February 3, 2012
This story has been updated with comment.
The military’s top generals and admirals can now make more in retirement than they did on active duty, thanks to pension rules that were changed as part of the 2007 National Defense Authorization Act, USA Today reports.
According to the paper’s examination of congressional and federal records, a four-star officer retired in 2011 with 38 years in the military can receive a pension of about $219,600, or 63 percent beyond what was previously allowed. Three-star officers with 35 years’ experience can receive about $169,000, or 30 percent higher than they would before the 2007 law was enacted.
Before the change, the maximum pension was based on an officer’s pay at 26 years’ of service, USA Today reports.
“Pentagon officials sought to change top officers’ pensions in 2003, records show, over concerns that the military would lose too many experienced generals and admirals during wartime,” USA Today’s Tom Vanden Brook wrote.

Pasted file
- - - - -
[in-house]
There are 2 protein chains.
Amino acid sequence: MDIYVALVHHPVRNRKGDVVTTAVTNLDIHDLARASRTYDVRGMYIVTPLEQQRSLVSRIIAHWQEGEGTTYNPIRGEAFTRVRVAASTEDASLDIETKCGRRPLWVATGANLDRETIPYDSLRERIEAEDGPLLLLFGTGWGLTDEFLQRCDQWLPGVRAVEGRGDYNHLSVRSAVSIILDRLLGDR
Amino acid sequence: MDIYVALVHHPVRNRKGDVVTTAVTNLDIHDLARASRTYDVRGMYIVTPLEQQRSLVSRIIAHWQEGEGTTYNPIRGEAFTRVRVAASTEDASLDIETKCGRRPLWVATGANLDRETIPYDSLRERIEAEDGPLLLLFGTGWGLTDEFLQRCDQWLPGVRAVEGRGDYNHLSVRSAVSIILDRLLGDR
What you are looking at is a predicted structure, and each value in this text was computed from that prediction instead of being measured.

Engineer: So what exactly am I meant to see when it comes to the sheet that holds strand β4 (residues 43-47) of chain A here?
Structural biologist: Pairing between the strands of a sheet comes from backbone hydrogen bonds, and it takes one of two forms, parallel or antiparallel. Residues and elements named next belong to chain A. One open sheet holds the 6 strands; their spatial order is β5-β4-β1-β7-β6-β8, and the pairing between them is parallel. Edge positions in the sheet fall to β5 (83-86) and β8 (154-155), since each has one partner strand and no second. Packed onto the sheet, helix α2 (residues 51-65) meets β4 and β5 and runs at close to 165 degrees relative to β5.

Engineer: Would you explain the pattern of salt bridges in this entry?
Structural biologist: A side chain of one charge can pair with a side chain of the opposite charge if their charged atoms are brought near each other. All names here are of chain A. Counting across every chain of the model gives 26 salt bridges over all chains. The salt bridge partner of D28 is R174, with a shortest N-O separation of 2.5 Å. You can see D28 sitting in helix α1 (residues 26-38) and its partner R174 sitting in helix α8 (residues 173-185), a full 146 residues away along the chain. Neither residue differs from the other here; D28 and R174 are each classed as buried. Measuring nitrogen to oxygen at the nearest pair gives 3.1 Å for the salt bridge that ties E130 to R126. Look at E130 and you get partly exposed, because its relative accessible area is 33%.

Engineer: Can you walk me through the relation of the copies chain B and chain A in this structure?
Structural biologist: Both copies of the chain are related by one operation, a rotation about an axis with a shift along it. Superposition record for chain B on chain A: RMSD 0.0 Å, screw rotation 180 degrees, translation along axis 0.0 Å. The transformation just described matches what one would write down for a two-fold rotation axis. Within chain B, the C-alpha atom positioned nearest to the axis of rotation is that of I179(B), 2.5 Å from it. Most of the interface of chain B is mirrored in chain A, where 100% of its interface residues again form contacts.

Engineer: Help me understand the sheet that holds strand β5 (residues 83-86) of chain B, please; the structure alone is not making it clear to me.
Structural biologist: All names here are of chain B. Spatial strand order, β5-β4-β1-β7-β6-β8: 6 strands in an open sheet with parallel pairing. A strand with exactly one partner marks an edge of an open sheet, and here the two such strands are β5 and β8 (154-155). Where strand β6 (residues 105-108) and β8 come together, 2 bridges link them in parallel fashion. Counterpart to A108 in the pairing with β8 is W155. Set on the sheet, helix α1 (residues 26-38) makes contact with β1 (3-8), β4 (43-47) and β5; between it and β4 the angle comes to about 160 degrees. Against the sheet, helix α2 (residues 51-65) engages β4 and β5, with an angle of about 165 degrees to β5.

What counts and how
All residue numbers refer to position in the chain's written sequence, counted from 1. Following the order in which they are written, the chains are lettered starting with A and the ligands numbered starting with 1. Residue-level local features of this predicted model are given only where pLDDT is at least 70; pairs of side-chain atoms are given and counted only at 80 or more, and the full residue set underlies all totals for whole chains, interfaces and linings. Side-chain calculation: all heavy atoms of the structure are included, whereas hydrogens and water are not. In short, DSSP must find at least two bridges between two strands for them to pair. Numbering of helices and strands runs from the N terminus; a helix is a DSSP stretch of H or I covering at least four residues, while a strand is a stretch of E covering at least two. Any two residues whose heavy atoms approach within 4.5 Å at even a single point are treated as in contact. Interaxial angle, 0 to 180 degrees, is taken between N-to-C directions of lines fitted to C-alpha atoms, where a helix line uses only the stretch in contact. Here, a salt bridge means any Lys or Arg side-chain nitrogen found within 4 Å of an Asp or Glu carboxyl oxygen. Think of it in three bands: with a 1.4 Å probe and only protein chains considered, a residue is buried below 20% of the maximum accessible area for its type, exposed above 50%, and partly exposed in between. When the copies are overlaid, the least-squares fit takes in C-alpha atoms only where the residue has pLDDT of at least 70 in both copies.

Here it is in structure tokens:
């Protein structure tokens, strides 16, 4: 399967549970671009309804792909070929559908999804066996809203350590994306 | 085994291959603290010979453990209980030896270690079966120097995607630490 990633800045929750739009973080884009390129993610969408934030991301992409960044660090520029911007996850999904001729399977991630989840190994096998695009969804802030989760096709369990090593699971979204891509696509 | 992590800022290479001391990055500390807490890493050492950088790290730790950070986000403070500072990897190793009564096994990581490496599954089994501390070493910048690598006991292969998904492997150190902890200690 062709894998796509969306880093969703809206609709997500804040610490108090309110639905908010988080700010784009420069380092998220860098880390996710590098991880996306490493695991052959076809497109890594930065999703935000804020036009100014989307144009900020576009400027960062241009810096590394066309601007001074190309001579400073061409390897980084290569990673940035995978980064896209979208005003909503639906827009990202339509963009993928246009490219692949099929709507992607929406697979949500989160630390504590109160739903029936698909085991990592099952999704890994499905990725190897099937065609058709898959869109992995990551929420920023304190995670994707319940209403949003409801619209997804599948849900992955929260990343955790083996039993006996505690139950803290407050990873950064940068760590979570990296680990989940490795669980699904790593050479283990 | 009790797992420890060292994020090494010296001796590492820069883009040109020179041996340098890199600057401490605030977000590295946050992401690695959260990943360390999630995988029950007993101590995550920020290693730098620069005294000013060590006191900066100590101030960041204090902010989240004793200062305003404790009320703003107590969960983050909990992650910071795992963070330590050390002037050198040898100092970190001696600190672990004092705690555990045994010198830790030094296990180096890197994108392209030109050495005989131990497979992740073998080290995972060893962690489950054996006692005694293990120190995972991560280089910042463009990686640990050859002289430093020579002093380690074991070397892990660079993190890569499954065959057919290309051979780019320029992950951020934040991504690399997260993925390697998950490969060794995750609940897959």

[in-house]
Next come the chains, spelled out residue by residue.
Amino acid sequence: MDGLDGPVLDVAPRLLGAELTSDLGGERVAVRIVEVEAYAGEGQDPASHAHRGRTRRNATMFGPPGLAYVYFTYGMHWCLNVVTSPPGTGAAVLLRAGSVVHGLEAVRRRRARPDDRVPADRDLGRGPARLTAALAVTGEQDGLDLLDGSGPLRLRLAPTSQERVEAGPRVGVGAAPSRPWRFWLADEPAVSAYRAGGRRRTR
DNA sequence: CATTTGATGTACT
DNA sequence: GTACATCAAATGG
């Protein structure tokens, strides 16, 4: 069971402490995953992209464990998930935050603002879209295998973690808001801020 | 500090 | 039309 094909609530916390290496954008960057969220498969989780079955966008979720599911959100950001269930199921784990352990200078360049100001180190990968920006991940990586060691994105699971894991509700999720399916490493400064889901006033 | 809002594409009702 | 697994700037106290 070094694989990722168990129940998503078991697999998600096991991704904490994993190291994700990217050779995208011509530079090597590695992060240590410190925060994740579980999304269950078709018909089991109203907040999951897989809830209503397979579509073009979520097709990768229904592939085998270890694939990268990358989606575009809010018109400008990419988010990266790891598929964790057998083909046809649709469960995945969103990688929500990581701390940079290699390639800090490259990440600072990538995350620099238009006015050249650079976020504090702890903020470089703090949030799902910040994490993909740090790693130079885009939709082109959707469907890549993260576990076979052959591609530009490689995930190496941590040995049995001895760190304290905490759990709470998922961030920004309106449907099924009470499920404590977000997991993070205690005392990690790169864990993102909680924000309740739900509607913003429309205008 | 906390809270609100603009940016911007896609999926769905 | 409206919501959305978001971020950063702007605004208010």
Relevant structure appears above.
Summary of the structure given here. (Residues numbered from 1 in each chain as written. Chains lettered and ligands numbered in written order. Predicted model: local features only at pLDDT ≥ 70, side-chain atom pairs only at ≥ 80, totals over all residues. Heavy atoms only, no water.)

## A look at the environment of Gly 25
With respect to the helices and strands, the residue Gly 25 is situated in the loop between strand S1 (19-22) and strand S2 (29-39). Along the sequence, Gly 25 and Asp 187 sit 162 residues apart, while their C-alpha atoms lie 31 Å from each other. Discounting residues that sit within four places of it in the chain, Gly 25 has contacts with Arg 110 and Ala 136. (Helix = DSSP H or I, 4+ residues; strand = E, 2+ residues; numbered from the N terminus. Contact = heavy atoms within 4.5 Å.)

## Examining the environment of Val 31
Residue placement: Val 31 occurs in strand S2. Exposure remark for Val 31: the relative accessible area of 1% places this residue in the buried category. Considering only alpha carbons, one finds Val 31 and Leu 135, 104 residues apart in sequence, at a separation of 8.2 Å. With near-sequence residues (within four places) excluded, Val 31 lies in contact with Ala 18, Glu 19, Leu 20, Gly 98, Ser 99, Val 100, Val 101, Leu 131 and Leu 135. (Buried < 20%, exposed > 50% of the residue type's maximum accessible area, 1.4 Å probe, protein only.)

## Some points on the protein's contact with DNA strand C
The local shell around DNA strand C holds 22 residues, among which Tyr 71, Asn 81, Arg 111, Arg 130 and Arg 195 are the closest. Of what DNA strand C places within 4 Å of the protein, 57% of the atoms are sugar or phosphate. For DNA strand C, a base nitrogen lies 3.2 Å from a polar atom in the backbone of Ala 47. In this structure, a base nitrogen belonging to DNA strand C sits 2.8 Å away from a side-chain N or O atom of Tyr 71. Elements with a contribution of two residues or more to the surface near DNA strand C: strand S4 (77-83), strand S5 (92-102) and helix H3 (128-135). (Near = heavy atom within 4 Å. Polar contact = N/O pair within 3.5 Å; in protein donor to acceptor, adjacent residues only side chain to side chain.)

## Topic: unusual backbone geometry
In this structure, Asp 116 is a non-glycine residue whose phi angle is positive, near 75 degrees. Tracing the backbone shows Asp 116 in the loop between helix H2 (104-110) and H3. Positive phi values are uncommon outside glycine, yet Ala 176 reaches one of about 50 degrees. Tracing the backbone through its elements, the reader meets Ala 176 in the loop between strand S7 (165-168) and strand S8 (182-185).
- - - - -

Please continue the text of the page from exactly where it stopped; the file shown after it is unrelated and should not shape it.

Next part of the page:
“At the time of this legislation, with the exception of cost-of-living increases, most [of the admirals and generals] were serving for over a decade without increases in salary or retired pay,” Pentagon spokeswoman Eileen Lainez said.
“The legislative changes provided greater incentive and more appropriate compensation of service for individuals who the department retains beyond 30 years of service, increasing readiness through increased retention,” Lainez added.
Defense Secretary Leon Panetta’s fiscal 2013 budget proposal released in January calls on lawmakers to establish a panel to review military retirement “in the context of total military compensation,” but does not make specific recommendations that target military retirements as a source of savings.
The department could not speculate on whether or not this panel might examine or impact the pension increases, Lainez said.
February 3, 2012